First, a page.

Then he met some other runners who lived nearby. “We started running together, running five miles, then eight miles, then 10 miles… and now those guys are some of my best friends,” Mark says. Seeing this change was an affirming realization for him. He knew then that the tenacity to push himself lived deep within, but without a group of people to share it with, he couldn’t unlock its full potential. “It sounds strange, but when I think about running, I think about discipline first and foremost – but I also think about people, about community.”
After a couple of years Mark had another idea. Ever the original thinker, he decided to try running 100 miles every month – in Crocs. He loved the feel of the rubber clogs on the pavement and hasn’t looked back since, even going so far as to complete the Boston Marathon in his favorite pair. The idea of running in Crocs reflects a lifelong aspect of Mark’s personality. “Fundamentally I’m incredibly oppositional,” he says. “I always want to do what everyone else isn’t doing, to work against the prevalent culture.” Never has this been truer than in the last decade, during which he has led College Bound Dorchester through a period of tremendous growth.
At College Bound, Mark seeks out what he calls the core of negative influencers in the Dorchester community. The organization chooses the hardest kids to work with, the ones who create a sense of fear and corruption in a neighborhood otherwise filled with hardworking, upstanding people. He says that the world views these gang-affiliated young men and women as lost causes, and they live up (or down) to the expectations that are set for them. “I love seeing our students show people that their assumptions, their bias, and their prejudices are dead wrong. That these kids can accomplish anything your kids can accomplish.” Mark’s belief is that these few individuals are the key to sustained improvement in the lives of Dorchester citizens, that they offer just as much potential for achievement as they do for disruption – if not more.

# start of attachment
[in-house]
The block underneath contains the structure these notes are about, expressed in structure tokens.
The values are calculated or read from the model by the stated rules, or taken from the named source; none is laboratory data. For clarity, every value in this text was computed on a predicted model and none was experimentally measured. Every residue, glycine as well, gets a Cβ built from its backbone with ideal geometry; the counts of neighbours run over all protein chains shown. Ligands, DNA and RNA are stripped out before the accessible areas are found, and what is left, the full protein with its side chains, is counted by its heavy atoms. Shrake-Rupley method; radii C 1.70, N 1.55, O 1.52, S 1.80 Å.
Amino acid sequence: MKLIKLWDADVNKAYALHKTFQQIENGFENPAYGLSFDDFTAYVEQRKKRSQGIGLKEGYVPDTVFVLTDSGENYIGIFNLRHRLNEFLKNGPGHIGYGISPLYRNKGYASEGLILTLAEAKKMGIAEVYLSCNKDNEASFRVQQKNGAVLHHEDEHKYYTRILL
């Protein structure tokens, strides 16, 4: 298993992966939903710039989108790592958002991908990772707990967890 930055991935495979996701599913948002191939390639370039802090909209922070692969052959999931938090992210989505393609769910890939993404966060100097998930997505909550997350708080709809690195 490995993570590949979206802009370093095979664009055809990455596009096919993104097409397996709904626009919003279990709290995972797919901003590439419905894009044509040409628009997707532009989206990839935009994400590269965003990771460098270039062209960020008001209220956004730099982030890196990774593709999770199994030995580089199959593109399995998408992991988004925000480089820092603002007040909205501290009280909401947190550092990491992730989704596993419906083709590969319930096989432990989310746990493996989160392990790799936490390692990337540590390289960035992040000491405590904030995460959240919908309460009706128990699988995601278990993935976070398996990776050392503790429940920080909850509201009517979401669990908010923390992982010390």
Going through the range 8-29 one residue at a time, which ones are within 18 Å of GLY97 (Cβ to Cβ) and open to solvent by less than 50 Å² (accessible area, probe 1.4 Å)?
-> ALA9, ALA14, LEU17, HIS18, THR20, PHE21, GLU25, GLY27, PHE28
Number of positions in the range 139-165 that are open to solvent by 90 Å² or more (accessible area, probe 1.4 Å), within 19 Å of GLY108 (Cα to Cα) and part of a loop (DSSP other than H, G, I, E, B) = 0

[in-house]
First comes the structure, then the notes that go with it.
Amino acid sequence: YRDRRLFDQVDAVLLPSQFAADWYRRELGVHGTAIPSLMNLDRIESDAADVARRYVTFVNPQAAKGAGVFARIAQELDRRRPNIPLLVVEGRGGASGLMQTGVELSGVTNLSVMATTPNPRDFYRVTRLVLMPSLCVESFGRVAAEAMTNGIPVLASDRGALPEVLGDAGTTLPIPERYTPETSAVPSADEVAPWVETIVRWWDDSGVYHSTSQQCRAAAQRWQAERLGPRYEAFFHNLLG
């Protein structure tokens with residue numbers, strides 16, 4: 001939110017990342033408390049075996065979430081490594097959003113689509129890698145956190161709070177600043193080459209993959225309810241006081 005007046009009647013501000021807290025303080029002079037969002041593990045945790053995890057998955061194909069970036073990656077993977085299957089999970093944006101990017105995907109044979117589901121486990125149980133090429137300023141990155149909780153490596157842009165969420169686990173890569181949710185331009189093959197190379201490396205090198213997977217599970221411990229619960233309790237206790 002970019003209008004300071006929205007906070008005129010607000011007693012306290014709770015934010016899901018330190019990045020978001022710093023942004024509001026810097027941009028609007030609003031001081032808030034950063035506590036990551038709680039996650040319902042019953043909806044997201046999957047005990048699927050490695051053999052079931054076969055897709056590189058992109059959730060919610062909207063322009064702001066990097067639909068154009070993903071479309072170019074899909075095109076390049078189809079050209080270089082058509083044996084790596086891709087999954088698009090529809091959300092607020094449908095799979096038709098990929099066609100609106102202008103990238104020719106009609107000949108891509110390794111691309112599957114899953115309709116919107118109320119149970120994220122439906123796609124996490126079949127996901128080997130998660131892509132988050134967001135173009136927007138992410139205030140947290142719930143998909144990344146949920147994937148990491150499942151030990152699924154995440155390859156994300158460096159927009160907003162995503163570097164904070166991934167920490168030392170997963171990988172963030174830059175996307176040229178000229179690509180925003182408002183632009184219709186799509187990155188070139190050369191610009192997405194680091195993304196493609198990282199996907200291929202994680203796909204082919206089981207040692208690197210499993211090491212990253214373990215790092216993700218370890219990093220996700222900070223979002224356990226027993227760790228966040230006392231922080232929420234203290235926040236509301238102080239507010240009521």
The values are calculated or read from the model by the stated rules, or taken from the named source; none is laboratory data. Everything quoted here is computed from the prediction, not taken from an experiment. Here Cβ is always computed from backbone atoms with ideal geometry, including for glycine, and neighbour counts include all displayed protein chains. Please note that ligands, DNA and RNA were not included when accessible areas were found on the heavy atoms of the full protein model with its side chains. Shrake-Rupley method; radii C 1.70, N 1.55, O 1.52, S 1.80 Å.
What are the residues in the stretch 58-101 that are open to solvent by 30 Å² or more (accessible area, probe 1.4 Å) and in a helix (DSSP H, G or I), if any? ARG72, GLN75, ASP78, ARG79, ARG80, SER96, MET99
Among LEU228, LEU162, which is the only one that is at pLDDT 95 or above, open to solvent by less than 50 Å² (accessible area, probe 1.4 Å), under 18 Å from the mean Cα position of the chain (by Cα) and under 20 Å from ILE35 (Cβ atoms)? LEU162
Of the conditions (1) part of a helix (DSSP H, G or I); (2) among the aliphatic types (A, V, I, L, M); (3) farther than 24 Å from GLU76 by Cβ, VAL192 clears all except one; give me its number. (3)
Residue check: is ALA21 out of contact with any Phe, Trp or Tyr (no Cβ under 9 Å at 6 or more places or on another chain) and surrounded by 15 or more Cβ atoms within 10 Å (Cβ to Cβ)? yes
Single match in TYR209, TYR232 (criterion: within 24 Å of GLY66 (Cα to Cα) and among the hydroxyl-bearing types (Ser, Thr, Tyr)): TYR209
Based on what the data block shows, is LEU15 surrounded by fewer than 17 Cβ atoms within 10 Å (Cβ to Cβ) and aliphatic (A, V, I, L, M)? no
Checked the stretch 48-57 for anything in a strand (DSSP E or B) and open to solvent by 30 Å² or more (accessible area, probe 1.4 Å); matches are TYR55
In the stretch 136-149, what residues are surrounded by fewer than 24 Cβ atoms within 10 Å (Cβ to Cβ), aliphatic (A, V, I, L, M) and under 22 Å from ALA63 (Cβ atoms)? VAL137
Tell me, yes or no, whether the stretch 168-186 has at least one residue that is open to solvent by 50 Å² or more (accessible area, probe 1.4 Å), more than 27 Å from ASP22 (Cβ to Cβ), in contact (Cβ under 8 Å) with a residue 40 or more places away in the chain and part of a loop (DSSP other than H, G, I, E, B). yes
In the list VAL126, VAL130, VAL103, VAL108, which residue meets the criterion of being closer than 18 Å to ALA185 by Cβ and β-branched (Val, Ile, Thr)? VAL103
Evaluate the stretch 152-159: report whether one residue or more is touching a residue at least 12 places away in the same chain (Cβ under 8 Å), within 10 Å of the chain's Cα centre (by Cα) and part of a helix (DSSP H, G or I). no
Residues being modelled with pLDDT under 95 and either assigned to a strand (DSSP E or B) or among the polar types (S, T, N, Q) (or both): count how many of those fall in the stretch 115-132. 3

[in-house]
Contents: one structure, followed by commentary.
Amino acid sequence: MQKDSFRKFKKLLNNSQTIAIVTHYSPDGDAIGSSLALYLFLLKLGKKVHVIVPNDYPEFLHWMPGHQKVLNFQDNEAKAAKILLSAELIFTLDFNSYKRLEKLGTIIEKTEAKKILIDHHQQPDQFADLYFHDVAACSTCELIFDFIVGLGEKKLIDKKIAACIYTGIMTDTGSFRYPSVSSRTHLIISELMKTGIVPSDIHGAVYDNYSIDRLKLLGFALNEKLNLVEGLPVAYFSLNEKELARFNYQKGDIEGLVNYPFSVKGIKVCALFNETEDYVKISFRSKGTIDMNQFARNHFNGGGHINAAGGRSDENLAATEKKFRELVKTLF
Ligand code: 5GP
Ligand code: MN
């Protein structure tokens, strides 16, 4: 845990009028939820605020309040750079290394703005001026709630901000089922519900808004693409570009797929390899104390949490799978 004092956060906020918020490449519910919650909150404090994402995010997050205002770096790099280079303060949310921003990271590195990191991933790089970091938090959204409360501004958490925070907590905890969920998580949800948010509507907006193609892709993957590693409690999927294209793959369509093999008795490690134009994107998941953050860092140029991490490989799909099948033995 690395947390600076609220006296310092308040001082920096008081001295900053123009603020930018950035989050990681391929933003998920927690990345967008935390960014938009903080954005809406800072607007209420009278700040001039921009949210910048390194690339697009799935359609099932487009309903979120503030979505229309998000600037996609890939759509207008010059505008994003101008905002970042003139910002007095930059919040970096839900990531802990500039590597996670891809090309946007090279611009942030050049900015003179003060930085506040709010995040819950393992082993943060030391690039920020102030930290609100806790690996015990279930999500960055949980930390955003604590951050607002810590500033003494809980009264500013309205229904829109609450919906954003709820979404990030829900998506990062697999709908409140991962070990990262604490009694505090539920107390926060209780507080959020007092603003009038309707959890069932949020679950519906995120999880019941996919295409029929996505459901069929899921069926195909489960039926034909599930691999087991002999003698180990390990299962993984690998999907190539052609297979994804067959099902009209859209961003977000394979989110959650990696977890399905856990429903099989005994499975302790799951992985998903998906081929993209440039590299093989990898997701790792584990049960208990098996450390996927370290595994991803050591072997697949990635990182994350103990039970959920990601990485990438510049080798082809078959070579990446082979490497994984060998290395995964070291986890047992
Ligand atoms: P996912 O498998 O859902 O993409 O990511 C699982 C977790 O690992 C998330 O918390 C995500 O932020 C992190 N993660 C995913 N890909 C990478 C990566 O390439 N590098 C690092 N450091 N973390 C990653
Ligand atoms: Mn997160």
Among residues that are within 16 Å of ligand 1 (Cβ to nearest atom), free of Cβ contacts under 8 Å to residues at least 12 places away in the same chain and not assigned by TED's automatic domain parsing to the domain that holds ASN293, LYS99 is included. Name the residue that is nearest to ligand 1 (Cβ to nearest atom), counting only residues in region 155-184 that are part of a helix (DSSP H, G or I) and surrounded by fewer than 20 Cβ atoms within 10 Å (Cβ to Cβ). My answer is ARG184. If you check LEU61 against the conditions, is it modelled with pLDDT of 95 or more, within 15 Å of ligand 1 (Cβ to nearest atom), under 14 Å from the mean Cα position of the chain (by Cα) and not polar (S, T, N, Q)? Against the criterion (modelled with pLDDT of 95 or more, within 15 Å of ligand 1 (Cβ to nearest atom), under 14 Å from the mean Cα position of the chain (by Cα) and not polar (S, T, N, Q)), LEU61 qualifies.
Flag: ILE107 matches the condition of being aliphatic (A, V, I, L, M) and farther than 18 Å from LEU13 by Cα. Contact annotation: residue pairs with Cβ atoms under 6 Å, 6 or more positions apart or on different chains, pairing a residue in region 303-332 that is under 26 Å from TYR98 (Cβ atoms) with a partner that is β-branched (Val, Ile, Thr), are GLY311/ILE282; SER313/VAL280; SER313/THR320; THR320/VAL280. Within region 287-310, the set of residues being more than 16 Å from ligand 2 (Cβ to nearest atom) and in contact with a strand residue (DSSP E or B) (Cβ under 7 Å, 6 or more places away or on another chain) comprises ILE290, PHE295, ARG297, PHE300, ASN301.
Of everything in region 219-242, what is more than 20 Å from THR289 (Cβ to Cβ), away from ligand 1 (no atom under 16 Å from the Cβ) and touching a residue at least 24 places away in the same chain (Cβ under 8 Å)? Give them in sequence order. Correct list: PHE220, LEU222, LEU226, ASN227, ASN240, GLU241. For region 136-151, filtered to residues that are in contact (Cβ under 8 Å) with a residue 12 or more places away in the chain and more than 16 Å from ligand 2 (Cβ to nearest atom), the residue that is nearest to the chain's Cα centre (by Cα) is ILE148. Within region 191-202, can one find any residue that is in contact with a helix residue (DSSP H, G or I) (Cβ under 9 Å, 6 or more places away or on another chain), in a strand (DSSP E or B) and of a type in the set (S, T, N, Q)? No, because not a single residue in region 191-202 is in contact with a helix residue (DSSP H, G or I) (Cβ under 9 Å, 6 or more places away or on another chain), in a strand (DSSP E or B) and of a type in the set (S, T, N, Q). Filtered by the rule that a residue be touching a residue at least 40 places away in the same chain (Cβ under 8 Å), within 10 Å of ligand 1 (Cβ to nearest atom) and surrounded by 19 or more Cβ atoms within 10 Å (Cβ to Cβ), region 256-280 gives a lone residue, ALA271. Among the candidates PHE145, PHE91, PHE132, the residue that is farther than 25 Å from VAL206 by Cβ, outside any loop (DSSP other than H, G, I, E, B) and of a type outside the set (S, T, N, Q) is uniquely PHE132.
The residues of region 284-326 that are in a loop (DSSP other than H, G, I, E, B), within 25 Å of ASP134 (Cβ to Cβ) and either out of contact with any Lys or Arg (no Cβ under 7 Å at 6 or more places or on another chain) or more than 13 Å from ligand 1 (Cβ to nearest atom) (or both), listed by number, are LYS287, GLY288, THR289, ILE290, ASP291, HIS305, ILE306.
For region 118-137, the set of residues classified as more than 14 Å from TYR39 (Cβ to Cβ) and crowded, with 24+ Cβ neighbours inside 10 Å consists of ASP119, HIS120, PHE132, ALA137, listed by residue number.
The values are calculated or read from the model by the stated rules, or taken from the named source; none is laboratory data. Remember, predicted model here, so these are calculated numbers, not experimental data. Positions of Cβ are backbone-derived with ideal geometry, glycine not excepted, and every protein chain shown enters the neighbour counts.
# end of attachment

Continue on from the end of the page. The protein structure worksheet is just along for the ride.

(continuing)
“One of the things I hate most is when people tell me to ask the students themselves what they want,” says Mark. The kids respond that they want jobs, and then everyone wants to give them jobs; but these jobs are low-end and lead nowhere, and the kids end up back on the street where they started. “If you go ask the kids in Wellesley what they want, they say they want to graduate from college. Don’t tell me that my students don’t want an education: they want what the adults in their life tell them to want,” he explains emphatically.
College Bound Dorchester Matriculation Celebration August 25, 2015
In an effort to combat this inter-generational disenfranchisement, College Bound is launching an innovative program in the 2016-2017 school year. The organization will take a pilot group of 30 negative influencers and pay them a full living wage to go to college. Next year they hope to grow the numbers to 80, then 120, and in a few years Mark hopes to have 250 gang-related youths attending or graduating from a college in the Boston area. “It’s a totally new idea,” Mark says, voice brimming with enthusiasm. “I’m so excited to share our results across the nation in a few short years.”
Whether he’s lending expertise to BES as board member extraordinaire, swarming the streets of Dorchester, or campaigning for College Bound, Mark is an inspirational and compassionate leader. The success of his work is a beacon of hope for those who want to enact real, sustainable social change. If you’re one of these aspiring change-makers, one last word of advice: to stay on Mark’s good side, don’t cut him off as he drives down I-93.